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Total Rewards: Strategy, Benefits and Best Practices

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    Total rewards is a combination of compensation, benefits and other perks designed to attract, retain and improve the overall well-being of employees. But that doesn’t mean there’s a one-size-fits-all approach for the best strategy. By understanding what makes up total rewards and your workforce’s needs, you can pinpoint the ideal offerings. Read everything you need to know about a total rewards program.

    Most organizations offer total rewards, but that doesn’t mean it’s a straightforward area of HR. In fact, an entire discipline of HR focuses on the design, implementation and management of total rewards programs.

    Effective programs help businesses attract, hire, retain and motivate employees. Poorly managed programs, however, de-incentivize and disengage workforces to the detriment of the companies that designed them.

    Let’s examine how total rewards programs work, the components that make them and why every business should offer its own program.

    What are total rewards?

    Total rewards refers to the combination of compensation, benefits and other incentives that employees receive from their employer for the work they perform.

    A total rewards program should consider what employees expect as well as a company’s:

    • vision
    • values
    • brand
    • culture
    • environment it seeks to foster

    Total rewards programs include company-paid health insurance, paid time off (PTO), retirement benefits, equity, cash bonuses and perquisites.

    Human resources and total rewards

    Total rewards is a specialization within the HR field. HR professionals study the topics of total compensation and total rewards as part of their undergraduate and graduate degree programs. Total rewards is even covered on Human Resource Standards Institute’s PHR and SPHR certification exams.

    Large and some medium-sized organizations hire directors, vice presidents and other executives to oversee a company’s entire total rewards strategy.

    What are the components of a total rewards strategy?

    A company’s total rewards strategy helps sustain long- and short-term goals by identifying ways to promote employee:

    • compensation packages
    • benefits
    • other incentives

    When considering their compensation and benefits programs, employers should take a holistic view of everything employees earn. Companies should account for everything from base pay to retirement benefits, on-site accommodations and even intrinsic rewards like a greater sense of purpose.

    Compensation packages

    Compensation packages refer to the financial upside that the company is providing employees in exchange for work.

    Base pay

    Base pay is the amount of money that will be given to an employee as a foundation to their compensation package. Base pay may be represented in the form of an annual salary for certain team members or hourly for employees who track their time and are paid based on how long they work.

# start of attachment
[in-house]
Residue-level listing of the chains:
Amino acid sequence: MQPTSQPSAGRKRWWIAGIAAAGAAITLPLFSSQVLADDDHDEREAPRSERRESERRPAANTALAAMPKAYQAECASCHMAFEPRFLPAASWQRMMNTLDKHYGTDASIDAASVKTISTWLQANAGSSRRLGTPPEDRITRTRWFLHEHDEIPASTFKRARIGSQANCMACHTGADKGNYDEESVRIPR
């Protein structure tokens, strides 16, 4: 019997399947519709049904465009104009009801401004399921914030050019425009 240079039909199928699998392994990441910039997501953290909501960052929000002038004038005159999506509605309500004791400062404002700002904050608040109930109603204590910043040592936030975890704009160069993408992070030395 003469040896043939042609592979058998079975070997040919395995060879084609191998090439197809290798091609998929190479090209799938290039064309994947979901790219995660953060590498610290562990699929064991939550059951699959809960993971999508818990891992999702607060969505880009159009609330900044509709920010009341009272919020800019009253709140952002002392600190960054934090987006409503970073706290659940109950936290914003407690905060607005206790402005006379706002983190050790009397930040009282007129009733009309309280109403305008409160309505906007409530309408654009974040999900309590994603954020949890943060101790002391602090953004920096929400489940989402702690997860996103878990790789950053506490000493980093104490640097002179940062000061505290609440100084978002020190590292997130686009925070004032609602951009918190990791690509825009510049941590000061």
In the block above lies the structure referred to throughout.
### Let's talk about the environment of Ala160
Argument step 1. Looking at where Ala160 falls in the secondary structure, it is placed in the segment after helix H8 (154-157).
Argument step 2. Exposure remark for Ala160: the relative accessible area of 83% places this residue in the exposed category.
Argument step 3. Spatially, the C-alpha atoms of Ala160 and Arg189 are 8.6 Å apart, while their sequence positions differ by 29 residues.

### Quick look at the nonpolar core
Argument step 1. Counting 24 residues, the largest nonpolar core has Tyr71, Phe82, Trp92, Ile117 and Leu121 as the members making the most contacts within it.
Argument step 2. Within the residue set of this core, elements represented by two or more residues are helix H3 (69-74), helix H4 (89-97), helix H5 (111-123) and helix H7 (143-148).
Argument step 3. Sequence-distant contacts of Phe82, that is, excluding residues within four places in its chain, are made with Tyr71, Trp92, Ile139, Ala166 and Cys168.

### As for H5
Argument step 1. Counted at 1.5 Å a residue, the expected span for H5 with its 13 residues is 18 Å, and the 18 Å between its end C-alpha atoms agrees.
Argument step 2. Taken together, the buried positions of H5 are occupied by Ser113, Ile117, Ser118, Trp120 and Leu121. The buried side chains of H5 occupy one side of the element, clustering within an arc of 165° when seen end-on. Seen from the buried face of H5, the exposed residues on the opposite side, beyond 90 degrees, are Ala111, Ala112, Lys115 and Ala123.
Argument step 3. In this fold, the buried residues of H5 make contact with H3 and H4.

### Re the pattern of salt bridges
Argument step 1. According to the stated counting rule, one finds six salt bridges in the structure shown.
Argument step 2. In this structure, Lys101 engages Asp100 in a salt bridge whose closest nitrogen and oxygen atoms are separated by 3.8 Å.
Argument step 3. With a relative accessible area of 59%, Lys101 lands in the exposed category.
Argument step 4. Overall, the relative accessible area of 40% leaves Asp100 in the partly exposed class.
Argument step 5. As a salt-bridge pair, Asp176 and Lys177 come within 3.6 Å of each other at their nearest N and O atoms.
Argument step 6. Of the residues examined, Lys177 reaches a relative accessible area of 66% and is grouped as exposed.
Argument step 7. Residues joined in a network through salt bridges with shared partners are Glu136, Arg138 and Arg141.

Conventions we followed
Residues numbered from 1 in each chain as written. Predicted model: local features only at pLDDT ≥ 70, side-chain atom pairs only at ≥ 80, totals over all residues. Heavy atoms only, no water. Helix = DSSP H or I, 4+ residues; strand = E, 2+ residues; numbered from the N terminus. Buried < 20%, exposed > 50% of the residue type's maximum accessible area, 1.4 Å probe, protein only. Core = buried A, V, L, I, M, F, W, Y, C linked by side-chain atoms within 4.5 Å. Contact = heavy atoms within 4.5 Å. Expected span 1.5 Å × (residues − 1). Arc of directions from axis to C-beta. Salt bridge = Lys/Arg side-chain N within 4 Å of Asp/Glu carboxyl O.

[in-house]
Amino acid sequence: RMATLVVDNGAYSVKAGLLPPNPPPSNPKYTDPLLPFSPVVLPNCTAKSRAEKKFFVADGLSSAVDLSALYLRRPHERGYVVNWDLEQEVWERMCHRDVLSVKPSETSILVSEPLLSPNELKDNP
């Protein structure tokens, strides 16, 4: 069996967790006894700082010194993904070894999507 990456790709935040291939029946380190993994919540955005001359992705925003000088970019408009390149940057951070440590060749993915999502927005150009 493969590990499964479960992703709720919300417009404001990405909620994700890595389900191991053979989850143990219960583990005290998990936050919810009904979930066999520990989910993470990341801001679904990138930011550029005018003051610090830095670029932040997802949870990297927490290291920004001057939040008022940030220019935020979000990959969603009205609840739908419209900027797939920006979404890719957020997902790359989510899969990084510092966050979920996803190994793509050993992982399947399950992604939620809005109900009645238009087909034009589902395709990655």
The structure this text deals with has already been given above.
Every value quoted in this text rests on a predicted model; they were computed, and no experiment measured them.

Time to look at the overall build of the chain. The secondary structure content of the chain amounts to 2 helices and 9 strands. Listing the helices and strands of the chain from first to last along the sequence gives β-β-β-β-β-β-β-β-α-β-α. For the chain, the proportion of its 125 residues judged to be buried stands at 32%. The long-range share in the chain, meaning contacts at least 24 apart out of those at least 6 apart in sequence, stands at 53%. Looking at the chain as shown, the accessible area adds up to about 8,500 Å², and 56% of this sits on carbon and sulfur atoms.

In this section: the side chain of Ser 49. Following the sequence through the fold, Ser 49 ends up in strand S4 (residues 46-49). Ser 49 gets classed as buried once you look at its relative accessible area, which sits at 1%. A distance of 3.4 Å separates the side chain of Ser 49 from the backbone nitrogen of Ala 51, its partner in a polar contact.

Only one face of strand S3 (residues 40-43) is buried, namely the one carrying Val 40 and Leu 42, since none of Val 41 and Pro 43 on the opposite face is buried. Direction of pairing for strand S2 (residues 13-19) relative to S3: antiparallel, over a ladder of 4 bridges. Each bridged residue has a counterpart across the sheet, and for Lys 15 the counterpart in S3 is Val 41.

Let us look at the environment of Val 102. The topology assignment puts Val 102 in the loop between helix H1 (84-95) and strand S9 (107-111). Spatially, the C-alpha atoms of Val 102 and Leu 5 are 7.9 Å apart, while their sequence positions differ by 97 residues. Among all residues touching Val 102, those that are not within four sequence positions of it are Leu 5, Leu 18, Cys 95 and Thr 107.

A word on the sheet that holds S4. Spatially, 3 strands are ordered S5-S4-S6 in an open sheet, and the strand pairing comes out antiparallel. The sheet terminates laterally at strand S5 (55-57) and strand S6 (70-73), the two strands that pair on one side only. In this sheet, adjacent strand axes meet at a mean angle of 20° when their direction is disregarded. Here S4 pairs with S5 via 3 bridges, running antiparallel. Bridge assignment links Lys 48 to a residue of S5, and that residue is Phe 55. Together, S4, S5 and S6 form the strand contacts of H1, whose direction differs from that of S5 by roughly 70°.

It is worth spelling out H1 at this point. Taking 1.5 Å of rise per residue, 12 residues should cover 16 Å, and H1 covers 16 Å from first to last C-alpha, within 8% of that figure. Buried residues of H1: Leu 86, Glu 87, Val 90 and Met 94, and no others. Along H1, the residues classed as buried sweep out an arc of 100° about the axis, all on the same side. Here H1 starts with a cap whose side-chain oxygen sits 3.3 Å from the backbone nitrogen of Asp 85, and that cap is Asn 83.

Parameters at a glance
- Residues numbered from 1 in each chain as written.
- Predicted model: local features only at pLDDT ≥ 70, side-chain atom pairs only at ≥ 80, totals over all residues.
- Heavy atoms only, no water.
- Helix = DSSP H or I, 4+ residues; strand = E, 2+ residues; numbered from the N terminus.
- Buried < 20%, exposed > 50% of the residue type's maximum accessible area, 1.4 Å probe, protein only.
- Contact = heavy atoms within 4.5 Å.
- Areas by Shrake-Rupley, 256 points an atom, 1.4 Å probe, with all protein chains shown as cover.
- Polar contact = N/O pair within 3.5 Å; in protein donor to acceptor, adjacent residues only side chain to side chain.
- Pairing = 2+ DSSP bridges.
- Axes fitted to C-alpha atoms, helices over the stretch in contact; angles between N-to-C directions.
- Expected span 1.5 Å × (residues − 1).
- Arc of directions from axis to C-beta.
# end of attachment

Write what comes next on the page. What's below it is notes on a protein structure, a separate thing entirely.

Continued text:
Base pay represents the least a person can expect to receive in a given period. Other forms of pay may be added to build out a compensation structure.

    Supplemental pay

    Supplemental pay is financial incentives beyond base salaries and hourly wages, like:

    • bonuses
    • commissions
    • shift differentials
    • recognition awards
    • on-call pay

    Supplemental pay may be used to encourage desired behaviors within a team. For example, offering employees shift differentials (higher pay) to work on nights and weekends may encourage people to sign up to work at times they typically wouldn’t.

    Bonus payments

    Bonus payments allow organizations to compensate employees based on their contributions. Employees who perform at a higher level receive money commensurate with their levels of productivity.

    This has the dual benefit of incentivizing high-performing teams while also allowing the overhead of employee pay to adapt to company earnings. Additionally, bonuses can be discretionary or nondiscretionary.

    Discretionary bonuses, such as spot bonuses, are not guaranteed or promised and are issued when the company decides to issue them (i.e., at the company’s discretion).

    Nondiscretionary bonuses are guaranteed additional payments that are tied to specific outcomes (signing 100 new clients in a year) or tasks (making 100 phone calls per day for a month).

    Whatever the arrangement, bonus programs should be well communicated so employees know exactly what is required to earn the financial incentive.


    Commission is pay tied to the revenue generated by a person or a team. Incentives are typically designed to give workers a part of the money they take into the business. For example, a retail clothing employee could receive 10% of the revenue for every sweater they sell.

    Commissions are different from bonuses because they represent a direct correlation between money brought into the business and money given to employees. Bonuses are more often tied to targets, quotas, tasks or behaviors.

    Total compensation

    Total compensation refers to the total amount of money given to employees in exchange for the work they contribute to the team. In HR circles, total compensation and total rewards are often used interchangeably, although “total rewards” is more in vogue for referring to all forms of monetary and nonmonetary compensation.